I can't believe that I've only been here for a week. It feels as though I've been here for months. Things are already starting to feel quite normal. But at times, it really strikes me that I'm not yet familiar with the situation. I still can't quite see what's beyond the immediate reality that I experience. This especially applies to the reality of the children I meet at the CRO. When I'm with them, they just laugh and smile and play, like all kids do. I can see that their clothes are very worn and dirty, but all kids soil and tear their clothes. Some of them are sleeping around on the premises, but I don't give it that much thought. I feel quite sleepy myself sometimes, it's nice to lie down in the shades when it's a hot day. And their blinding smiles give the impression that there's not much more to it than that. But their eyes tell a different story.

Their eyes show glimpses of insecurity and despair. When I let myself really see these glimpses, I can't help but think about what causes them. The insecurity of whether they'll get another meal before lunch at CRO the next day or not. Insecurity regarding who to trust these days when the police are monitoring the streets and imprisoning street children, and other adults try to scare them from the streets by abusing them. When these thoughts occur, I get another view on the kids who are sleeping during the day. They're not merely lazy kids, escaping the burning sun. They might be among the many kids who didn't make enough money during the previous day to afford a safe place to sleep, so they had to stay up all night to not be abused. Many kids have bruises and wounds, like all kids, but I can't help but wonder how they got them. Did they just take a wrong step and fall, or did someone else cause them?

The despair in their eyes is probably caused by the fact that they can't find a way out of the current situation. They want to get out so badly, but they need help and they don't quite know which way to turn because they don't know who to trust. But even though these glimpses of despair and insecurity occur, their eyes speak of so much more. Like their smiles, their eyes also tell of the joy of playing, getting positive feedback on what they do and being given a hand to hold. And you can see the hope in their eyes, hope for a better future. Even though they don't know how to get there, they have dreams and aspirations of a better life. A life as a teacher, a pilot, a social worker or a doctor. And I think that one of the reasons they dare to dream, even when they’re in these desperate and truly unbearable situations, is that they believe what it says on the back of the CRO t-shirt; God loves me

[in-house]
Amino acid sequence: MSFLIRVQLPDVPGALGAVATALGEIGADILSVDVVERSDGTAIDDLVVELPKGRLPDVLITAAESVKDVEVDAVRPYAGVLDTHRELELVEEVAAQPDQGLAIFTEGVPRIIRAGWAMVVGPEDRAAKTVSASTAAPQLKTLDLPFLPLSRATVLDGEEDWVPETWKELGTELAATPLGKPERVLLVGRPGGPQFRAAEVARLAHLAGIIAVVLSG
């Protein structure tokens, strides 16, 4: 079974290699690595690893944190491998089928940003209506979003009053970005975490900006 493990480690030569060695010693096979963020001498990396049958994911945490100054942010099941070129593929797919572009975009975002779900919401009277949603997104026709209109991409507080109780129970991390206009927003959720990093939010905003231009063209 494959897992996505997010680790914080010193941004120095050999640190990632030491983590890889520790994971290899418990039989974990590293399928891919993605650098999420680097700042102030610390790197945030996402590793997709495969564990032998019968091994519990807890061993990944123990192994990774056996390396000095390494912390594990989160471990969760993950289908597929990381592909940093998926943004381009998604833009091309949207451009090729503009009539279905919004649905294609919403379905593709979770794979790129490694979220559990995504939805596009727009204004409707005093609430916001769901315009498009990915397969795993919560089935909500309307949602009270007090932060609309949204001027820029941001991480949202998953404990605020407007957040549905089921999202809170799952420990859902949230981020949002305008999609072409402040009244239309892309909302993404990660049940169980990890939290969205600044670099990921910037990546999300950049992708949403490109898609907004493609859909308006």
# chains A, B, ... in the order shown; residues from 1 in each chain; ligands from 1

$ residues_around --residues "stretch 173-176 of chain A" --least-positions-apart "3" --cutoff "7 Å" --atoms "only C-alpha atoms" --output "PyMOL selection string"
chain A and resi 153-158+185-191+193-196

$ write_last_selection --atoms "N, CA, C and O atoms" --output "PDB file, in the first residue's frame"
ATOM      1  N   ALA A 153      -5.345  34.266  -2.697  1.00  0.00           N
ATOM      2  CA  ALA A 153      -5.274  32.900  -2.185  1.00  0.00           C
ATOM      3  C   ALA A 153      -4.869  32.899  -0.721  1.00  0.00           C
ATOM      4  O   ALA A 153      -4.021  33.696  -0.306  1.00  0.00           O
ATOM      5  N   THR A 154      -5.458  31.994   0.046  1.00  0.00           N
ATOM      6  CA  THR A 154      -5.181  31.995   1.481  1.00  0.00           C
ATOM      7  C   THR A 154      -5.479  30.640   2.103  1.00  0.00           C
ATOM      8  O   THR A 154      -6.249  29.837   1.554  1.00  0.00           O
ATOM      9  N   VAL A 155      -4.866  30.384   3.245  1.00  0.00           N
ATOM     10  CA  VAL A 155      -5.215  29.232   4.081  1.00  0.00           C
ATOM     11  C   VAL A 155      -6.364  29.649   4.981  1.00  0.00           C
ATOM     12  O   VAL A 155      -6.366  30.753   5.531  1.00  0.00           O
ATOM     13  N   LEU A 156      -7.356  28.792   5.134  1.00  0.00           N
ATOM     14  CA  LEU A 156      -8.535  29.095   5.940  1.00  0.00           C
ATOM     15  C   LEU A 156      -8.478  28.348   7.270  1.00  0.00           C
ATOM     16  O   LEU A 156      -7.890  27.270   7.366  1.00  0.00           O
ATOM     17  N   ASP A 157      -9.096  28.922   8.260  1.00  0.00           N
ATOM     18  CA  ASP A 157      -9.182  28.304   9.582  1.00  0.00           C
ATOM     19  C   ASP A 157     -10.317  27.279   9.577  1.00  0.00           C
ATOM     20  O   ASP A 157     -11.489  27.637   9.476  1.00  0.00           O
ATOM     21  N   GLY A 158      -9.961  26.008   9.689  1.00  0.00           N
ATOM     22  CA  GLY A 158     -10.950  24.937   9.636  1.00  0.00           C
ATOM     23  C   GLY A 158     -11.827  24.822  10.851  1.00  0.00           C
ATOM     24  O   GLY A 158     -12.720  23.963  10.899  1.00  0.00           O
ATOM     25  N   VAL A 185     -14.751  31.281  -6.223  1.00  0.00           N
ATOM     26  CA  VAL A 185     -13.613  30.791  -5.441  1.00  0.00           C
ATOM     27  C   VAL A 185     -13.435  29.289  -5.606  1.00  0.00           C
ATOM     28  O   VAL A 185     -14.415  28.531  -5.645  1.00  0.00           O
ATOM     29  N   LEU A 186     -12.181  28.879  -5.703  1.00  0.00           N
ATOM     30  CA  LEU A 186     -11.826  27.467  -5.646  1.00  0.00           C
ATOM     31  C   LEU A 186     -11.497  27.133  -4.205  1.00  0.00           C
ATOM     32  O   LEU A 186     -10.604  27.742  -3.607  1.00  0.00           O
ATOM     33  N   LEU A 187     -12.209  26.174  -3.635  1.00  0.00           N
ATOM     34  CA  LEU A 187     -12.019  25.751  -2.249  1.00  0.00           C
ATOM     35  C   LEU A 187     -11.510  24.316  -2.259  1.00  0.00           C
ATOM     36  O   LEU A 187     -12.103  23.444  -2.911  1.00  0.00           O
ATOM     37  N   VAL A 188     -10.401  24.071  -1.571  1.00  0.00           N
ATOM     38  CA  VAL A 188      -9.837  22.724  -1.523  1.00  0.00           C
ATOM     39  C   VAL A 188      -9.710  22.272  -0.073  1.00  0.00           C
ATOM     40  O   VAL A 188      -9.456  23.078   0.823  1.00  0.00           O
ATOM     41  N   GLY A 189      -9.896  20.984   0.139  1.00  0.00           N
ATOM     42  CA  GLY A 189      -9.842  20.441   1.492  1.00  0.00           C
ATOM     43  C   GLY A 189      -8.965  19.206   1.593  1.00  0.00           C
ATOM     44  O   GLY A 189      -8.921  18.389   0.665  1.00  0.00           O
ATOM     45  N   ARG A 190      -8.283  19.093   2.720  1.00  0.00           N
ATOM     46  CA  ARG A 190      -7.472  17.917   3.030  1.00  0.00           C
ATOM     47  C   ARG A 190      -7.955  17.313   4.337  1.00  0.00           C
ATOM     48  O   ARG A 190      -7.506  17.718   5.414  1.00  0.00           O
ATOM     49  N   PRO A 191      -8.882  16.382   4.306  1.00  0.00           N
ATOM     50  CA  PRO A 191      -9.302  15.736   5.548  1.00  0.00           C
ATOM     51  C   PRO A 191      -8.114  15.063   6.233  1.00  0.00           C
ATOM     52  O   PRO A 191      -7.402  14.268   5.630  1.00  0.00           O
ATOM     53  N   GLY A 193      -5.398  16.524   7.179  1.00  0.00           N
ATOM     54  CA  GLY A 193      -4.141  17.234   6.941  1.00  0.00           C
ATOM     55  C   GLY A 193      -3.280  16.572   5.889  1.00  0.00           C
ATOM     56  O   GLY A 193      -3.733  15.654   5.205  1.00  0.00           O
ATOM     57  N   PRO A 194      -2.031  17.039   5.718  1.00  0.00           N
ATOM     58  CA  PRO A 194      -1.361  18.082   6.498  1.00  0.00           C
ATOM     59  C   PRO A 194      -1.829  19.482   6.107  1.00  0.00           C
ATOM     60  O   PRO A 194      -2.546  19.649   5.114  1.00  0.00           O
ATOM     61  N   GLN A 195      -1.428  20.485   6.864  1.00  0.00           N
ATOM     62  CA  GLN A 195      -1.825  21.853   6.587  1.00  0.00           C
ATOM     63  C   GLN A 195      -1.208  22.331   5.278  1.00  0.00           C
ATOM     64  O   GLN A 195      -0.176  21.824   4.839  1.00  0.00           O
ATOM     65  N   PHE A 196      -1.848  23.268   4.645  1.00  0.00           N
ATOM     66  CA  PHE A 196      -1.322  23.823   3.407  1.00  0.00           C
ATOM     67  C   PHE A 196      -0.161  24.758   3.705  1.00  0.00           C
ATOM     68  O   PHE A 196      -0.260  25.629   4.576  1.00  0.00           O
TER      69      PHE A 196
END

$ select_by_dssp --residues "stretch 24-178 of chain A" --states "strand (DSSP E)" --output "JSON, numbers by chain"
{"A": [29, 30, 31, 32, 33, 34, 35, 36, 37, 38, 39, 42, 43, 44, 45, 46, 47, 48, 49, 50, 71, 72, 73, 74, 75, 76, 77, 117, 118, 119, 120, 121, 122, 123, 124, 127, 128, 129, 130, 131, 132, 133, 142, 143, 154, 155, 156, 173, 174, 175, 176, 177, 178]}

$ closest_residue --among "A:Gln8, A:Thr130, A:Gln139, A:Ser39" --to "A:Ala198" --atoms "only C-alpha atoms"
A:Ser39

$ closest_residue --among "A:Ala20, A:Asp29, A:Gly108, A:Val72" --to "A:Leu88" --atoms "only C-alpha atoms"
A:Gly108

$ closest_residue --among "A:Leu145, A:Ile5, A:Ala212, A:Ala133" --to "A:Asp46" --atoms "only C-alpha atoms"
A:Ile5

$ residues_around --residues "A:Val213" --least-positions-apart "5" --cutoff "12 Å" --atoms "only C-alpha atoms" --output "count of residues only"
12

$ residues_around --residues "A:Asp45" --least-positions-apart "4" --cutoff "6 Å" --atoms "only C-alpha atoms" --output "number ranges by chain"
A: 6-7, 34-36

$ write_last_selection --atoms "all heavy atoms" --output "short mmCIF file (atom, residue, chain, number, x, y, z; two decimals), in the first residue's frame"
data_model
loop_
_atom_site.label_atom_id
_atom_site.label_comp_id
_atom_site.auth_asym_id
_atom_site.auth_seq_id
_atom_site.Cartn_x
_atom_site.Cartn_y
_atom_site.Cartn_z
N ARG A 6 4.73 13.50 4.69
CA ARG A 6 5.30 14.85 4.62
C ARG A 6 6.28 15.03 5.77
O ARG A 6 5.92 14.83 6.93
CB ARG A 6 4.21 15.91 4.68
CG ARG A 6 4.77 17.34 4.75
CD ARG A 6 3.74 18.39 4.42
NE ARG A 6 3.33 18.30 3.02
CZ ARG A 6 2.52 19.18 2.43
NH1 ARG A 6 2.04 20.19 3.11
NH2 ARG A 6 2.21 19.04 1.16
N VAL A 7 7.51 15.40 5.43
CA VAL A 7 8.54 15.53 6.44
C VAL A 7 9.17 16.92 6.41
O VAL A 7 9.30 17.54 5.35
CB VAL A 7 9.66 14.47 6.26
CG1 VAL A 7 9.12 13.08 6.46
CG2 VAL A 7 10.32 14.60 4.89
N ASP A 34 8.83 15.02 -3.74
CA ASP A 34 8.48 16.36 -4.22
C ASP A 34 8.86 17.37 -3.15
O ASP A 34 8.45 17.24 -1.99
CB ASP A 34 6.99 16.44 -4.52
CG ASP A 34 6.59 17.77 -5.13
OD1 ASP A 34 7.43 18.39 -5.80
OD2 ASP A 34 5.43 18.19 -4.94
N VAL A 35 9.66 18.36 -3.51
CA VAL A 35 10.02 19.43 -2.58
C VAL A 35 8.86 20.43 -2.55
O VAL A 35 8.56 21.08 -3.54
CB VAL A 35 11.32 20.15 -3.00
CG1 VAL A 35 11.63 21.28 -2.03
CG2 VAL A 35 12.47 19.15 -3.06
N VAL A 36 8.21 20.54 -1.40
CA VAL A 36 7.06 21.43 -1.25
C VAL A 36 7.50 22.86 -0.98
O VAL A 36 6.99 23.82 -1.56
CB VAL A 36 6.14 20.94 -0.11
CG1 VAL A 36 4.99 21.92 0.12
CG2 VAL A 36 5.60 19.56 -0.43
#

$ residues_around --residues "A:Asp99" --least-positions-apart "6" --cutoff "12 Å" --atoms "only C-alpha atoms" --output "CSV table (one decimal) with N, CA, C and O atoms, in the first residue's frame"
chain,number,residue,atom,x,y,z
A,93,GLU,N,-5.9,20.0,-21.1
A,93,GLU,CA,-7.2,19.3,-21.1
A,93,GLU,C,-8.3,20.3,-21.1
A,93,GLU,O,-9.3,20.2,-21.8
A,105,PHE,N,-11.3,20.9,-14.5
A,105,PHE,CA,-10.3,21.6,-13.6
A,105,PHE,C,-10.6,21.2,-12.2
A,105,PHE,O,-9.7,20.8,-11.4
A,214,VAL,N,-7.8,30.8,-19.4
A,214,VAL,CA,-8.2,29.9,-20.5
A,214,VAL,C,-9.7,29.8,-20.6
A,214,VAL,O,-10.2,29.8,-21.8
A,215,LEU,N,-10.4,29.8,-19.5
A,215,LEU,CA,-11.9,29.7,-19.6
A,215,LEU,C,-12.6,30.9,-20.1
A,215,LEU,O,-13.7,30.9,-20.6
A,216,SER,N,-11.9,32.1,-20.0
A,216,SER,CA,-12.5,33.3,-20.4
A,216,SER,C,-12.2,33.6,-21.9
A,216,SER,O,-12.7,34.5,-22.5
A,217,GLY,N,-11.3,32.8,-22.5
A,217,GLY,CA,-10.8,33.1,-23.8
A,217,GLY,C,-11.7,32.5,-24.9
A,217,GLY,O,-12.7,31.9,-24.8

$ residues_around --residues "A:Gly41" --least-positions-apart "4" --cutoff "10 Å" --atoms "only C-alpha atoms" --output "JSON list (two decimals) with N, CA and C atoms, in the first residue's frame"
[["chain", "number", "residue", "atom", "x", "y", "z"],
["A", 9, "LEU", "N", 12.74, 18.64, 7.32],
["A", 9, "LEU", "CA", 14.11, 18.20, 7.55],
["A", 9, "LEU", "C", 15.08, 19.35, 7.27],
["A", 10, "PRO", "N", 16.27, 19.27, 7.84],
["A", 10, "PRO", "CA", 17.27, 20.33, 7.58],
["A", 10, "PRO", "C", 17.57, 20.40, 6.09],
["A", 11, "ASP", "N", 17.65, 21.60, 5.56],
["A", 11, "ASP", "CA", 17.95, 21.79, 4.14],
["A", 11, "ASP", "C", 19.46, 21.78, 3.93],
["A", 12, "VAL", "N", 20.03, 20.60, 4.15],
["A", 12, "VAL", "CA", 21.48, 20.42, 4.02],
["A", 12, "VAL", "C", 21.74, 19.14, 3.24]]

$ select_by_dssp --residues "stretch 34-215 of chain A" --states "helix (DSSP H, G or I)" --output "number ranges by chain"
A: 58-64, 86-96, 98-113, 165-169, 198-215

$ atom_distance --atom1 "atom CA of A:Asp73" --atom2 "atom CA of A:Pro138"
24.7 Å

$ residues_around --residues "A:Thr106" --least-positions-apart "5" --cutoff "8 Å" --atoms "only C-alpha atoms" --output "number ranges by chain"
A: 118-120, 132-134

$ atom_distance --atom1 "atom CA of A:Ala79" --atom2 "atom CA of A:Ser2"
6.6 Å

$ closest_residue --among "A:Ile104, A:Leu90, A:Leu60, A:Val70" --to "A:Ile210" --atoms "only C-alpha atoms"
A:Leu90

Our p(a)lace!

For all who are interested, here's our new home;

Starting from the top left side, you can see the shower, the hallway and our lovely toilet. Then we have the kitchen and the living room.
From the bottom left side, you can see my lovely pictures of my friends and family, Marthe’s room on top in the middle, and my room on the bottom. Then you can see my door (covered with pictures of friends and family) and some more pictures including ones of Team Eckbo (they were actually already in the apartment, can you believe it?!)

The first blog from Uganda!

As I'm writing this blog, Marthe and I are sitting in the living room in our new apartment in Mbale. It's a good thing my fabulous computer has such a good battery, because the electricity has disappeared for the second time since we came last night. But it's all good; we've got matches and paraffin-lamps. And it's not like the temperature drops drastically as it would have in Norway.

I've been in Uganda for four days now, and I'm left with many impressions and experiences. It would take a long time to write them all, but I'll let you in on a couple of them.

African time
Of course I've had some experiences with the African perception of time. Already on the first day, this was portrayed quite clearly. We were supposed to leave our hotel at eight o'clock to go to Jinja and spend the day there. When almost all of us were ready at about ten past eight, the last person came to join us, we thought. And that would really not have been such a big deal, ten minutes isn't too much. But she wasn't coming to join us; she was calmly going to have breakfast! Fascinating :)